Pflueger, Stieglitz, Lemoine, and Leyhe (2018) found that their immersive VR based assessment of older adults provided a more accurate estimation of everyday memory demands. Pflueger et al.’s virtual environment (VE) involved a kitchen scene, an environment that is experienced in everyday life, with tasks that relied on common cognitive demands. As opposed to the California Verbal Learning Test, that uses learning of arbitrary word associations, the ecologically relevant VE provided an age-fair estimate of episodic memory in the healthy older adults. Despite both tests being structurally comparable, performance decrements were primarily observed in the California Verbal Learning Test.
Another study performed by Howett et al. (2019) showcased the promising potential of VR assessments in early detection of Alzheimer’s disease. The study involved patients with mild cognitive impairment with and without cerebrospinal fluid biomarkers (MCI+ and MCI-, respectively). Participants, which also included healthy controls, were evaluated in an immersive virtual reality path integration task using an open, grassy field VE. Compared to healthy controls, MCI patients displayed significantly larger absolute distance errors with the parameter value being significantly larger in MCI+ patients than MCI- patients. The VR task that was based on the central role of the entorhinal cortex in navigation exhibited higher diagnostic sensitivity and specificity for differentiating biomarker than the traditionally used pen-and-paper cognitive tests.
As seen with Pflueger et al. and Howett et al.’s study, conventional neuropsychological tools though useful, tend to offer a partial measure of the episodic memory. This limitation can be attributed to their decontextualized and simplified design that does not fully exploit the complex system’s capacity. In neurodegenerative diseases such as Alzheimer’s disease, episodic memory is the first to be affected. Thus, given the important role that episodic memory plays in everyday life and the fragility of this memory, it is essential that investigation of it is done in spatially and temporally rich naturalistic contexts which virtual reality offers.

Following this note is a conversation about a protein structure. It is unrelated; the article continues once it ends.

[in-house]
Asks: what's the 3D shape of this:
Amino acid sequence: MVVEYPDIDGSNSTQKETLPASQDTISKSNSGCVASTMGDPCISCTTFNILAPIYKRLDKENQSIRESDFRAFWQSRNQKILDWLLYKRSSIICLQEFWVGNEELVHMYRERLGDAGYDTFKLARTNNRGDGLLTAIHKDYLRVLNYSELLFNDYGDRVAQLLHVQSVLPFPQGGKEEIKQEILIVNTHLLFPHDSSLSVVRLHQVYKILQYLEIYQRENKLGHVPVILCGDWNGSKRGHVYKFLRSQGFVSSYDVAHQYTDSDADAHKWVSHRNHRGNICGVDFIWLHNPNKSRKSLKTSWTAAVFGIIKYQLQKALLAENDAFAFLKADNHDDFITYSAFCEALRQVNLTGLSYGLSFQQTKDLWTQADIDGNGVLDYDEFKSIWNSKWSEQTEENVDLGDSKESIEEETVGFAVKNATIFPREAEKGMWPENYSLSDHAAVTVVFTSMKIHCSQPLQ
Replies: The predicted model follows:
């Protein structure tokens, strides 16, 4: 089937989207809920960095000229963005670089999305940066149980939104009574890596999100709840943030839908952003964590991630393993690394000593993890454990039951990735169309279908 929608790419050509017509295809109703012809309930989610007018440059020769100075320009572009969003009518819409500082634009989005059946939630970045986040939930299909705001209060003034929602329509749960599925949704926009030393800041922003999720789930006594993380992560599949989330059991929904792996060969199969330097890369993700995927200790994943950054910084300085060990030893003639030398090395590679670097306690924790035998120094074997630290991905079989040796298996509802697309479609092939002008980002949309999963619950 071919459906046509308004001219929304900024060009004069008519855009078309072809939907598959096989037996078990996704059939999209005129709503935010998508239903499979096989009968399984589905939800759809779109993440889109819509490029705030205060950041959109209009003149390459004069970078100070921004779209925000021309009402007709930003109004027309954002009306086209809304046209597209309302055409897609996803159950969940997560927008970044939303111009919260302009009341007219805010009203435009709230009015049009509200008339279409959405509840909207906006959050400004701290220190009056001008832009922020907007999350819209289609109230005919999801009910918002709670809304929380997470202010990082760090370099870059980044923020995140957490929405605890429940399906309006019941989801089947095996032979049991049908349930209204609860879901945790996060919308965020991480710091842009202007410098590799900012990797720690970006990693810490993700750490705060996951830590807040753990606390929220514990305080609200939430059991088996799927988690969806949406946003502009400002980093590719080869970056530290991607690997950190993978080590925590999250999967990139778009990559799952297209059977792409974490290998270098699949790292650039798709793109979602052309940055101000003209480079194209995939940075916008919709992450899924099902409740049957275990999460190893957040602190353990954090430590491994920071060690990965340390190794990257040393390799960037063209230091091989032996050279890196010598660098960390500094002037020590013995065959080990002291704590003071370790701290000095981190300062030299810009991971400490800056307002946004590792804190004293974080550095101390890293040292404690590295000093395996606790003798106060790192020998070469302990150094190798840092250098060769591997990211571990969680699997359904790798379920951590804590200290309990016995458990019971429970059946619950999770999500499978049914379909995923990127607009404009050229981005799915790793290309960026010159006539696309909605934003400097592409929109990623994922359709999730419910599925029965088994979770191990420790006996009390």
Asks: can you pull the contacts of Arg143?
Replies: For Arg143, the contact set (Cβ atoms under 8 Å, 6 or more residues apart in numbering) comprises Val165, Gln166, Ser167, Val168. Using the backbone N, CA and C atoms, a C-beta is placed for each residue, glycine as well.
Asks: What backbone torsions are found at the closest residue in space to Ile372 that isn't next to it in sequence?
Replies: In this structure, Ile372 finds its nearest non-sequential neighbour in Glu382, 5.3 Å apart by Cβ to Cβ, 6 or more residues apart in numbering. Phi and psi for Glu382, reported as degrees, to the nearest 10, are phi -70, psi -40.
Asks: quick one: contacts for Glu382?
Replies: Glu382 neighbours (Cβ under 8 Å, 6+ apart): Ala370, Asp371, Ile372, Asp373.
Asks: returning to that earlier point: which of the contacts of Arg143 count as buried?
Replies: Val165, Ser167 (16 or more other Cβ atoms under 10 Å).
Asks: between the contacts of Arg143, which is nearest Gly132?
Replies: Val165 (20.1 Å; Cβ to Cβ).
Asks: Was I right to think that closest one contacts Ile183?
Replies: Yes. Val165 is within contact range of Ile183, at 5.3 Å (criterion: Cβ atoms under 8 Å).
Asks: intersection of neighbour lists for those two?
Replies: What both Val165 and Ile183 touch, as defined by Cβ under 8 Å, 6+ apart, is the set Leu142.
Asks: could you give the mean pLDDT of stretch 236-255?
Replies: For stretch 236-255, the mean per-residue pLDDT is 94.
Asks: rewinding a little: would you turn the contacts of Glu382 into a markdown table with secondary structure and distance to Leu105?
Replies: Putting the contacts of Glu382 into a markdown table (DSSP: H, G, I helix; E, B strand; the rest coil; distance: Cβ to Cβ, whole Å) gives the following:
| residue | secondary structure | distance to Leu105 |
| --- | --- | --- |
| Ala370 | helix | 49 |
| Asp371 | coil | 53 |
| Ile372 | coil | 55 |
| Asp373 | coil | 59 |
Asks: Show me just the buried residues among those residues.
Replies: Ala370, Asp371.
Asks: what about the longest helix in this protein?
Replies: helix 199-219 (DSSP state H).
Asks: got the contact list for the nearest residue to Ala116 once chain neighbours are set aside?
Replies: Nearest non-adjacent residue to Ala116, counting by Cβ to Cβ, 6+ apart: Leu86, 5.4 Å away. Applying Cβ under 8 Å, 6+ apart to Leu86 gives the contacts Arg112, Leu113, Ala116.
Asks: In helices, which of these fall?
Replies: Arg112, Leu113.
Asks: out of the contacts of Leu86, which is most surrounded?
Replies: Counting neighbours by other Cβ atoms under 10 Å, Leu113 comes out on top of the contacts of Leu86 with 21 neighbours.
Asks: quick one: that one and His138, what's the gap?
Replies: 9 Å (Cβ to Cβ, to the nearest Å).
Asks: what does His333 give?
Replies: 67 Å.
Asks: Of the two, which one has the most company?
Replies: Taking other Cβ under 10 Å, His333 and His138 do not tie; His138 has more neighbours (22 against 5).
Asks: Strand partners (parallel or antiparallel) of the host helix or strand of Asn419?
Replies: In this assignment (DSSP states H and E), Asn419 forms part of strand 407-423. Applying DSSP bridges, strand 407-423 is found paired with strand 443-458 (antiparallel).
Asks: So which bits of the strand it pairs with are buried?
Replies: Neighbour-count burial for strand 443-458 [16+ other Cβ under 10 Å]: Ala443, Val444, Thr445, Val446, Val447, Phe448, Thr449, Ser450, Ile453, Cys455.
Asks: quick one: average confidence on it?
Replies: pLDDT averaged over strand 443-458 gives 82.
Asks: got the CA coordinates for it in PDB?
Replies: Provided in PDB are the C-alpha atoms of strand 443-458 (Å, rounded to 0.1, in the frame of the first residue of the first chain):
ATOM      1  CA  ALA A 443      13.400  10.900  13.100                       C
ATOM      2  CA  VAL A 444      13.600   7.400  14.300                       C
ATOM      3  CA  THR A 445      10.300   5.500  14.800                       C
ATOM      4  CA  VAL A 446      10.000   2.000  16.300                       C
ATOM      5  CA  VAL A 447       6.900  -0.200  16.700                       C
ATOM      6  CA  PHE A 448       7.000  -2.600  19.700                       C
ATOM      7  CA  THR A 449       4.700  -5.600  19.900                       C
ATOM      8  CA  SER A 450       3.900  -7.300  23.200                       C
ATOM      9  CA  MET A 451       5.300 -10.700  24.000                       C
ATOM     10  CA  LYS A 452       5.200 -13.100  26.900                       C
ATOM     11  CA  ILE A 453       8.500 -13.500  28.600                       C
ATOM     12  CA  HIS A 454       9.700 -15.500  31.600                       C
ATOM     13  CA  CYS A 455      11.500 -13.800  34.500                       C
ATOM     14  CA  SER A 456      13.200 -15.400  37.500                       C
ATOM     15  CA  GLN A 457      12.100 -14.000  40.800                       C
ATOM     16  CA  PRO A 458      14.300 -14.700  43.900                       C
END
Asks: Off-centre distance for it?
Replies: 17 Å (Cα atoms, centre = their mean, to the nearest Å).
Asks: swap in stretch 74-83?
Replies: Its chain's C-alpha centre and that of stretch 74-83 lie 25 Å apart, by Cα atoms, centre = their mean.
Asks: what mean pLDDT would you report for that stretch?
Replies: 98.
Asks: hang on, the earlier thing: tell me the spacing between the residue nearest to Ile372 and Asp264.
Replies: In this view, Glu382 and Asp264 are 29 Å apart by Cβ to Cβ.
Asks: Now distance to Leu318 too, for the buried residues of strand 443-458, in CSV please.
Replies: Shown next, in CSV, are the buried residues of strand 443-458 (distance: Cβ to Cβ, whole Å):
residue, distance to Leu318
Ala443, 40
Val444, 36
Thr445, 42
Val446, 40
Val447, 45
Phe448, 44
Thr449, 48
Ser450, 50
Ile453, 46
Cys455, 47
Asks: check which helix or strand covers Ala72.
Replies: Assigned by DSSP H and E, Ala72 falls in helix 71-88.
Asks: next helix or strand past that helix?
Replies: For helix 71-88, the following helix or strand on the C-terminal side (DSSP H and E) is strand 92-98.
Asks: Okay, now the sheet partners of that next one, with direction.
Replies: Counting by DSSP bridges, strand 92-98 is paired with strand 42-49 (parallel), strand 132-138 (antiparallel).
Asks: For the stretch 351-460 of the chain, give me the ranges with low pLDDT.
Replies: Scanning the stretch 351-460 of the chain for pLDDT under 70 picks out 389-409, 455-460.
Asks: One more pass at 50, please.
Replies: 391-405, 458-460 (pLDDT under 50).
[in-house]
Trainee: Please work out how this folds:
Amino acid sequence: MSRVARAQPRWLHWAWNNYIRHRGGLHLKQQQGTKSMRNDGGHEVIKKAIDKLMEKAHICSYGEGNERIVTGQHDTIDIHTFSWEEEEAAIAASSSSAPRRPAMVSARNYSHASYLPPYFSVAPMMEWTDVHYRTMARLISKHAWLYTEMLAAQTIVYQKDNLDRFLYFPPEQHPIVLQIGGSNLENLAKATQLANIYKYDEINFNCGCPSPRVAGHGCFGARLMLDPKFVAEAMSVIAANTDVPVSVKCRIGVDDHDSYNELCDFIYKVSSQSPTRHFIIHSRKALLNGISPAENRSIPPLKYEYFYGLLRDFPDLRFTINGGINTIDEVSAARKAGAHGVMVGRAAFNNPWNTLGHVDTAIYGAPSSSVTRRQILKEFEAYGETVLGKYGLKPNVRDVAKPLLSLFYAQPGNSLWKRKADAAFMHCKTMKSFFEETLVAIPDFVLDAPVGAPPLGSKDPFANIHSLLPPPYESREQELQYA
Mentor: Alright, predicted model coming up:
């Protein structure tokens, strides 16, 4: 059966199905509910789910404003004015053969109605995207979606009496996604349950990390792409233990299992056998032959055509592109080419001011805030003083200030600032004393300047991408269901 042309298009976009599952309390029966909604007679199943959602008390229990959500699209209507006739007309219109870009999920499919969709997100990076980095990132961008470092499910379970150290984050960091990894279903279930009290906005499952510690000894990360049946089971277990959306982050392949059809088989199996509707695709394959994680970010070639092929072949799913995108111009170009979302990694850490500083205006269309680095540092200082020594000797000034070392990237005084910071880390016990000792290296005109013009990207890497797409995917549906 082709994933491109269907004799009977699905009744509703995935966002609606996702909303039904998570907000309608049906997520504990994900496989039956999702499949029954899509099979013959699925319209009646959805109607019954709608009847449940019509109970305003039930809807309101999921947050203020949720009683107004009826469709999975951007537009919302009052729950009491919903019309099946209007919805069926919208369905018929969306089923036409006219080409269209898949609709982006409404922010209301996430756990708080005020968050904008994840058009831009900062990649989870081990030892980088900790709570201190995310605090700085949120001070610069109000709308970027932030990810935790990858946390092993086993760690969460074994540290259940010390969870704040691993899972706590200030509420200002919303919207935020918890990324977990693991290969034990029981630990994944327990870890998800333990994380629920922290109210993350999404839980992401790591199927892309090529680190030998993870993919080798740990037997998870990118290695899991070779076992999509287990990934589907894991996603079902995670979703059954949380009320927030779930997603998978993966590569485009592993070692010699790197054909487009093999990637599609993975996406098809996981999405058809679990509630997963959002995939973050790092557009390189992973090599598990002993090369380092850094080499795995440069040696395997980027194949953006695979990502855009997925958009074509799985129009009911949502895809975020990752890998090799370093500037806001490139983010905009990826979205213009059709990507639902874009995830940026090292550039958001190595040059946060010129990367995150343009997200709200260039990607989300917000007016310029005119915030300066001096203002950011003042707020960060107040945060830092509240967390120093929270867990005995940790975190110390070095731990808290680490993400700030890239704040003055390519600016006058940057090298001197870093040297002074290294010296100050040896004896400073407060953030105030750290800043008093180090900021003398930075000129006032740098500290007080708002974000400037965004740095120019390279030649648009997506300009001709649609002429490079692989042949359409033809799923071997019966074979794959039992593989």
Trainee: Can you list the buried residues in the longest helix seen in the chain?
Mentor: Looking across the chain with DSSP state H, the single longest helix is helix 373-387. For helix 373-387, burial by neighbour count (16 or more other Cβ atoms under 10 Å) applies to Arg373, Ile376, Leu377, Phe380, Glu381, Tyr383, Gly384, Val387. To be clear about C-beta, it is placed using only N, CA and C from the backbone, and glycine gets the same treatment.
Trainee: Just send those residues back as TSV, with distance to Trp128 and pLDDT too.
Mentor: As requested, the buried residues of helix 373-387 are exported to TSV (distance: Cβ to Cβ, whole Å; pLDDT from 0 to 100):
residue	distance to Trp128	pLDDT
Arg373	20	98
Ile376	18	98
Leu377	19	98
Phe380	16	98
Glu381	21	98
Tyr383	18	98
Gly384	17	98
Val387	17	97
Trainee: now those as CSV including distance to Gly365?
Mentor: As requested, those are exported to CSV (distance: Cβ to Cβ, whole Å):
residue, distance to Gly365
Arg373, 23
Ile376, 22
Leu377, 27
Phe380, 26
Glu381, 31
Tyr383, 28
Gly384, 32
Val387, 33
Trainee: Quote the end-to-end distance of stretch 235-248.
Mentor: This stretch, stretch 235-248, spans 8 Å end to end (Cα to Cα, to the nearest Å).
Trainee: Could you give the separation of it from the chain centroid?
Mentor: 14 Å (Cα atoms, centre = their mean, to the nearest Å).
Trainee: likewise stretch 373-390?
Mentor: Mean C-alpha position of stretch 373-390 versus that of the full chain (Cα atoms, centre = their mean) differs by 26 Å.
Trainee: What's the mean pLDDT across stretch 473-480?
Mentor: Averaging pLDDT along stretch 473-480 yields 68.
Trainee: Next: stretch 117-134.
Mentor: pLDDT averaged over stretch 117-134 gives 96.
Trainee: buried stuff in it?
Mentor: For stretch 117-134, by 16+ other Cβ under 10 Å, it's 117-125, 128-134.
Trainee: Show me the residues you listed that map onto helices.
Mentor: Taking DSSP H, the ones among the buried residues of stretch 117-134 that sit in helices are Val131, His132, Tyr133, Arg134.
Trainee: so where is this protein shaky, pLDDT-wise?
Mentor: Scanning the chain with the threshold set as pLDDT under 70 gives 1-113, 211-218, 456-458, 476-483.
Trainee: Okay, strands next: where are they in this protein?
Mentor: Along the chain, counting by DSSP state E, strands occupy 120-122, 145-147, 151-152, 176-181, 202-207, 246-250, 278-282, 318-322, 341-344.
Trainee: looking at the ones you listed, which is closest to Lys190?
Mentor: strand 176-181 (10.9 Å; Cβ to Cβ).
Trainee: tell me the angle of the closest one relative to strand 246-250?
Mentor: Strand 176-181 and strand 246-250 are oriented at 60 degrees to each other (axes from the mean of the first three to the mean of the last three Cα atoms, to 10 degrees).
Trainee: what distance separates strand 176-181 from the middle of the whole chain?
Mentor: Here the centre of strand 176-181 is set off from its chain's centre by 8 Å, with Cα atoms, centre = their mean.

Given episodic memory’s subject-specific nature, that makes verification of recollected information difficult; investigations often rely on spatial navigation tasks that are quite similar to the protocols used in rodent based apparatuses such as the Morris Water Maze and the Radial Arm Maze. Of all navigation strategies, sequential egocentric strategies, similar to allocentric spatial learning, require memorization of body turns and sequential ordering of events within a maze which share functional similarity to episodic memory (Arleo, & Rondi-reig, 2007; Iglói, Zaoui, Bertho